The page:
How to Take Better Pictures of Your HorseFitness Gear & Equipment
Equine Photography is an art form all to itself. Each breed has special poses and preferences that one should note before attempting to take pictures of their horse. To make matters worse, photographing horses often involves no less than three people, the rider or handler of the horse, the photographer, and the person whose job it is to stand out of the picture and get the horse to put its ears forward.
Get the Location in Order
Decide where you will be photographing the horse. A green pasture looks better than a muddy coral. Professional breeders often keep a special pasture (or their front yard) used only for photography purposes, as such it always looks pristine. Less clutter makes a better picture. You will want the sun high or behind you (the photographer) as this will put the light on the animal.
photo source a very nice picture, note how the horses head is in front of the sky rather than the trees, which would have been distracting. I would have prefered not to see this large halter on the horse.
Get the Horse Looking its Best
The horse needs to be bathed and groomed as if it was attending a horse show. Clip its whiskers, bridle path, and ears (how much you clip the ears depends on your weather, but at least pinch the sides together and trim the fuzzies that stick out). They can have baby oil on their muzzle, around their eyes, and in their ears (if fully shaved). In shots of the whole horse care should be taken that it is groomed well, white markings look white, the feed should be polished. Tack should be equally cleaned and prepared. The rider should be as equally turned out for the shoot.
Have an idea in your mind of the pictures you want to capture. Perhaps you are looking for a natural shot of your horse at play, or a more posed one. Perhaps you are looking for a shot of the whole horse, or just a neck/shoulder shot. Perhaps you want an action shot, of the horse under saddle, or going over a jump. Have your plan in mind. If you are going to get some natural shots, and some under saddle, do the natural ones first or you will have a sweaty horse with saddle marks.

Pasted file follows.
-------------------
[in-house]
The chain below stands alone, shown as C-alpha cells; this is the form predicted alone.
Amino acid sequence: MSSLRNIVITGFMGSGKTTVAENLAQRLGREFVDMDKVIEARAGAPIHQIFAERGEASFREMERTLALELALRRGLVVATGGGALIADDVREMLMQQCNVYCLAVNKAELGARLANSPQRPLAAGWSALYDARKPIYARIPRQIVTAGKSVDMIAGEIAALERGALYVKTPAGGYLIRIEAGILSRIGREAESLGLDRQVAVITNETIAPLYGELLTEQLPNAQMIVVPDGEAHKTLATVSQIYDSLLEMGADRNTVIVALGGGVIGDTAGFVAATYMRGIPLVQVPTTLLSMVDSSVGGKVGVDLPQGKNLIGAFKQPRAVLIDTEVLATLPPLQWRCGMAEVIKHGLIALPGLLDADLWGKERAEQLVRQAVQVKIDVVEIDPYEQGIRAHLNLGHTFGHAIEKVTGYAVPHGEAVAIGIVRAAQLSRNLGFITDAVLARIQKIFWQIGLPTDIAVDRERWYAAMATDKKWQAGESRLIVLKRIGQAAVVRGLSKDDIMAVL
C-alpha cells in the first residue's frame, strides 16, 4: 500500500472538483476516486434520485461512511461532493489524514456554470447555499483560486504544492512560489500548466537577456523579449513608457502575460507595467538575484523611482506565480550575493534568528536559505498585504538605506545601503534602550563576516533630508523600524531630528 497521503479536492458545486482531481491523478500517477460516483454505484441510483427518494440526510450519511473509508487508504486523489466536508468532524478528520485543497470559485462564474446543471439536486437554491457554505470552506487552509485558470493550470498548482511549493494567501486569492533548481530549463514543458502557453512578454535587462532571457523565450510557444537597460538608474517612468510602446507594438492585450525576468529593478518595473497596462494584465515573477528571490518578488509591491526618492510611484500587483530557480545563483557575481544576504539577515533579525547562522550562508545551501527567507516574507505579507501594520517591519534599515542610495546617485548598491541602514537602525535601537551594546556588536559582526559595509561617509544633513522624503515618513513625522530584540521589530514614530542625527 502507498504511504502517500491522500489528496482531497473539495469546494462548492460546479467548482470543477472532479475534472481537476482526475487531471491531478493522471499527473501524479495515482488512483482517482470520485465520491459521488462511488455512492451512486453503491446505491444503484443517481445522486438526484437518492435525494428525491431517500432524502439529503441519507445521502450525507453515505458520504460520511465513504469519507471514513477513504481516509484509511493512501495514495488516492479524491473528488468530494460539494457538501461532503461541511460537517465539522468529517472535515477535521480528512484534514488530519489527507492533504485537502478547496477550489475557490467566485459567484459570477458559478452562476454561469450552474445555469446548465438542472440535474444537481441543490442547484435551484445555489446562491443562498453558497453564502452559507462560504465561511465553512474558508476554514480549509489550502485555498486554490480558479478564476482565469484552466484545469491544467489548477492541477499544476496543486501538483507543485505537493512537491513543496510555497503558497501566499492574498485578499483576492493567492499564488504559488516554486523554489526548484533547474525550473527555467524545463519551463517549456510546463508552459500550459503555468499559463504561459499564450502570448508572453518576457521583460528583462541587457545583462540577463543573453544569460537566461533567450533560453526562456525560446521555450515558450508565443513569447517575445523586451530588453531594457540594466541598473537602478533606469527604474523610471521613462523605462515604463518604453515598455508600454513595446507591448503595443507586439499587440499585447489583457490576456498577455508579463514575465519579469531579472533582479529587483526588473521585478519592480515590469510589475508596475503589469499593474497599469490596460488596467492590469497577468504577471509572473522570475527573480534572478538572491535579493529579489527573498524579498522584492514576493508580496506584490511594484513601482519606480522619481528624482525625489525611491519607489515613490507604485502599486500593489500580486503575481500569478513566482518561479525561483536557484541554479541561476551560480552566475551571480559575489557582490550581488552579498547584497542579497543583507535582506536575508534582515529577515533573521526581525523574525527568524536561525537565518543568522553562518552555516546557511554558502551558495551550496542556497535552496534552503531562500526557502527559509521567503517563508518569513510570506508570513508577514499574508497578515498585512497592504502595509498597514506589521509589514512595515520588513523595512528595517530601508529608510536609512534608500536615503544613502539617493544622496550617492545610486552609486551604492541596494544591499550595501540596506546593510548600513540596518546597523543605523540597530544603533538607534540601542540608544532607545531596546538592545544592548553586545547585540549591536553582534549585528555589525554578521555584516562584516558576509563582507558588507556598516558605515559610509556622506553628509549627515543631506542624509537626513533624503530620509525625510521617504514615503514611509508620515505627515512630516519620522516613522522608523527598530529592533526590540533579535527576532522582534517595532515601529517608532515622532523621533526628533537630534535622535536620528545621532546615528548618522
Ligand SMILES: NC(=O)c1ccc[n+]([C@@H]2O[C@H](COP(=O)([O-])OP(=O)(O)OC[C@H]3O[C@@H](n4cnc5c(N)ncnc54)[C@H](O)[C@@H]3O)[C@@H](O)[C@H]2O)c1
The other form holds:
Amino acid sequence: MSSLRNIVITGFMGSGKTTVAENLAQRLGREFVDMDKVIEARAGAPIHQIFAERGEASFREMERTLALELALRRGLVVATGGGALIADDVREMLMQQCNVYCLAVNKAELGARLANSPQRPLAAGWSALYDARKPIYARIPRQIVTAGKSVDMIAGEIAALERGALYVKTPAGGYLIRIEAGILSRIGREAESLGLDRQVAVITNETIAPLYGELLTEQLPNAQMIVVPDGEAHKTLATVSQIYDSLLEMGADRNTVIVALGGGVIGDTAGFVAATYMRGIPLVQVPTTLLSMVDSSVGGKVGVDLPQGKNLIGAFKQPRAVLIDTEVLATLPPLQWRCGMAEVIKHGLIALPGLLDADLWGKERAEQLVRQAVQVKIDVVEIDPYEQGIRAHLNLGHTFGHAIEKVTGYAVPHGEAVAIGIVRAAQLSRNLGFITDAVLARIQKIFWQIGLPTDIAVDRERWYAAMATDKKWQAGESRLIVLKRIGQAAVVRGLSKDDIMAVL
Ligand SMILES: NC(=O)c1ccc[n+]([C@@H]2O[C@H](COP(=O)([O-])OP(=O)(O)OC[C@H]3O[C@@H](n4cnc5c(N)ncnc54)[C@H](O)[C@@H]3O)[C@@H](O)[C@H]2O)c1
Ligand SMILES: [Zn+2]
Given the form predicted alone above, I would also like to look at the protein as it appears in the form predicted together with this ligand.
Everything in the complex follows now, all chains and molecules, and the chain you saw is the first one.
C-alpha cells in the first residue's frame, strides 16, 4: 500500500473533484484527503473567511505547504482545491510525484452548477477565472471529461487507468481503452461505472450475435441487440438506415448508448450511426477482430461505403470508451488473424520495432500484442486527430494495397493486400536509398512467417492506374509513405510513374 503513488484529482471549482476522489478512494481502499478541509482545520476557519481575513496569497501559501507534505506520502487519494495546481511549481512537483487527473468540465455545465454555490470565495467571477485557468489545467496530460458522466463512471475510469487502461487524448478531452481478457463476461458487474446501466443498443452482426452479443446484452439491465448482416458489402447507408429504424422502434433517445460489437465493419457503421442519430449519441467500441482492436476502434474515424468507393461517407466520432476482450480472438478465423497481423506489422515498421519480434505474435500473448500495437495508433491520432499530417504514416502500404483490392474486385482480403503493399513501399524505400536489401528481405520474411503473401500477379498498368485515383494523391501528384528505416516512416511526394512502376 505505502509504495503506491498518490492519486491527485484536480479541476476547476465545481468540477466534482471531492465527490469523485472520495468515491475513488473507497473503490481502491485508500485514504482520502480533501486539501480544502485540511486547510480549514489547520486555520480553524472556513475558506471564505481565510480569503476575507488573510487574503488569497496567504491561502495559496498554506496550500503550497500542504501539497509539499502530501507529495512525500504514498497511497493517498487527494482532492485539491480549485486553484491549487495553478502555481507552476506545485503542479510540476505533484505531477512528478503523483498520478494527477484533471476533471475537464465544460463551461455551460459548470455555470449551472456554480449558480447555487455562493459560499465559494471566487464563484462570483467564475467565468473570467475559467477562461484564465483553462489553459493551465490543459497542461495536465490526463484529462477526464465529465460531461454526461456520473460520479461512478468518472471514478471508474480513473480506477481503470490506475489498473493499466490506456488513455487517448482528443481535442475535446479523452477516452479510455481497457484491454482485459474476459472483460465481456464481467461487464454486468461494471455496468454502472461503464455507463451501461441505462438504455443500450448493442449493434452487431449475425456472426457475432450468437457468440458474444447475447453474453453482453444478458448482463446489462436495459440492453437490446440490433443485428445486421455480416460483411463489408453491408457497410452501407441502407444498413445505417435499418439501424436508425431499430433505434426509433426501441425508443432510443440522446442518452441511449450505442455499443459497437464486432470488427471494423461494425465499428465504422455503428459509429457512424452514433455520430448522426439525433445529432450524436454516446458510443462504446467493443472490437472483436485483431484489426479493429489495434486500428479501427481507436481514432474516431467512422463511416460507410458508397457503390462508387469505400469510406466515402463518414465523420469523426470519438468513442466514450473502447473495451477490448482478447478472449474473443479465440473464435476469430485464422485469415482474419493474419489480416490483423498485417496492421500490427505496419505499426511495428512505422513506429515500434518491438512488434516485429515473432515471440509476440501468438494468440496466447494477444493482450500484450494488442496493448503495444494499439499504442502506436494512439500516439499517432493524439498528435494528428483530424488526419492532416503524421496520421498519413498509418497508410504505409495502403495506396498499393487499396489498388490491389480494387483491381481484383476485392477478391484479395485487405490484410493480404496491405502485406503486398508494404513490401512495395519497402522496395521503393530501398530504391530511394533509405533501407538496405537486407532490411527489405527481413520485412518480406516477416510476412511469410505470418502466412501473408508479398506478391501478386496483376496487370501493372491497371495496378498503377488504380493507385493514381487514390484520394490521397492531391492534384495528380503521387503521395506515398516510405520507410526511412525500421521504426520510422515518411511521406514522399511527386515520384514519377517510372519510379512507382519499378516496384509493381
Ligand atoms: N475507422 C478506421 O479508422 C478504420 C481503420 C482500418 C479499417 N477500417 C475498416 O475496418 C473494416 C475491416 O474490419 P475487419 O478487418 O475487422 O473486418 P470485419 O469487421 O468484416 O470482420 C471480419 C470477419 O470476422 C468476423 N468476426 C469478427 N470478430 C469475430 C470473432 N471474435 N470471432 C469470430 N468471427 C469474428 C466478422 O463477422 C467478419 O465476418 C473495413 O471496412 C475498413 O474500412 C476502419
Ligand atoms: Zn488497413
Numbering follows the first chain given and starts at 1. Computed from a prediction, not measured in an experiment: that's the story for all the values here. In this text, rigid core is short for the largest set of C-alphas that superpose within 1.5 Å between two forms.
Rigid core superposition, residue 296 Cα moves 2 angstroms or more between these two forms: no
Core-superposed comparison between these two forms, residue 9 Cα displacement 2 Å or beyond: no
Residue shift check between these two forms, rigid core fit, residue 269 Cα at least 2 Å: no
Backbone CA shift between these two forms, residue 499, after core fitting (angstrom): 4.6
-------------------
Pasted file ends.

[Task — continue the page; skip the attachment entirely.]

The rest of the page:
Again it is a good idea to look at pictures of your breed to know what kinds of poses are best suited to it.
photo source Quarter horses are frequently photographed from behind to show off their muscular hindquarters. Usually they are stood square with their head turned, this one is clearly at play. They could have cropped the person out of the picture.
With most horses standing shots, when taken from the side, should show all the horses legs. This is best done if the near front leg is placed slightly ahead of the far front leg. The near rear leg should be placed slightly further back than the other. The horses head should be either a perfect profile or turned slightly towards the camera. Care should be taken that the entire horse is within the camera frame.
The main trick is to get the horses ears forward. This is where another helper is important. They need to be creative and have a “bag of tricks”. Throwing balls into the air, jumping up and down, dressing up in mascot costumes (I have even seen one assistant wear a white bear skin). You need to do things that the horse is not familiar with and will not expect. If the horse has been handled well to this point, it will not be spooked, but instead will be keen on the unusual activity and put its ears forward.
Action shots involve using a better camera. Move the camera with the horse so the background is blurred but the horse is in focus. Except over fences, most action shots are at the trot, particularly for English horses. You will want to take the picture when the far front leg is at its height. At a canter, or lope, take the picture when the front legs are extended. Over fences you need to take the picture just before (or just as) the horse girth area is over the fence, when the knees are tucked.
Be sure you have yourself at a good angle, the horses head should be turned so you can see the markings, but not so angled the photo becomes out of proportion. Again, having the ears forward is key to having a good picture.
photo source a good picture except for the fact the horses ears are back, a bit more light on the face might have been good too.
When the photos are done be sure to crop out excess areas of space, but always leave more room in front of the horse. Take care never to crop too close to the horse or to remove parts of is body, legs, ears, or tail. Crop head shots close, but make sure you keep the neck in the picture, ideally showing a bit of the shoulder too.
photo source a nice amount of space was left in front of the horse, but sadly its feet were cut off.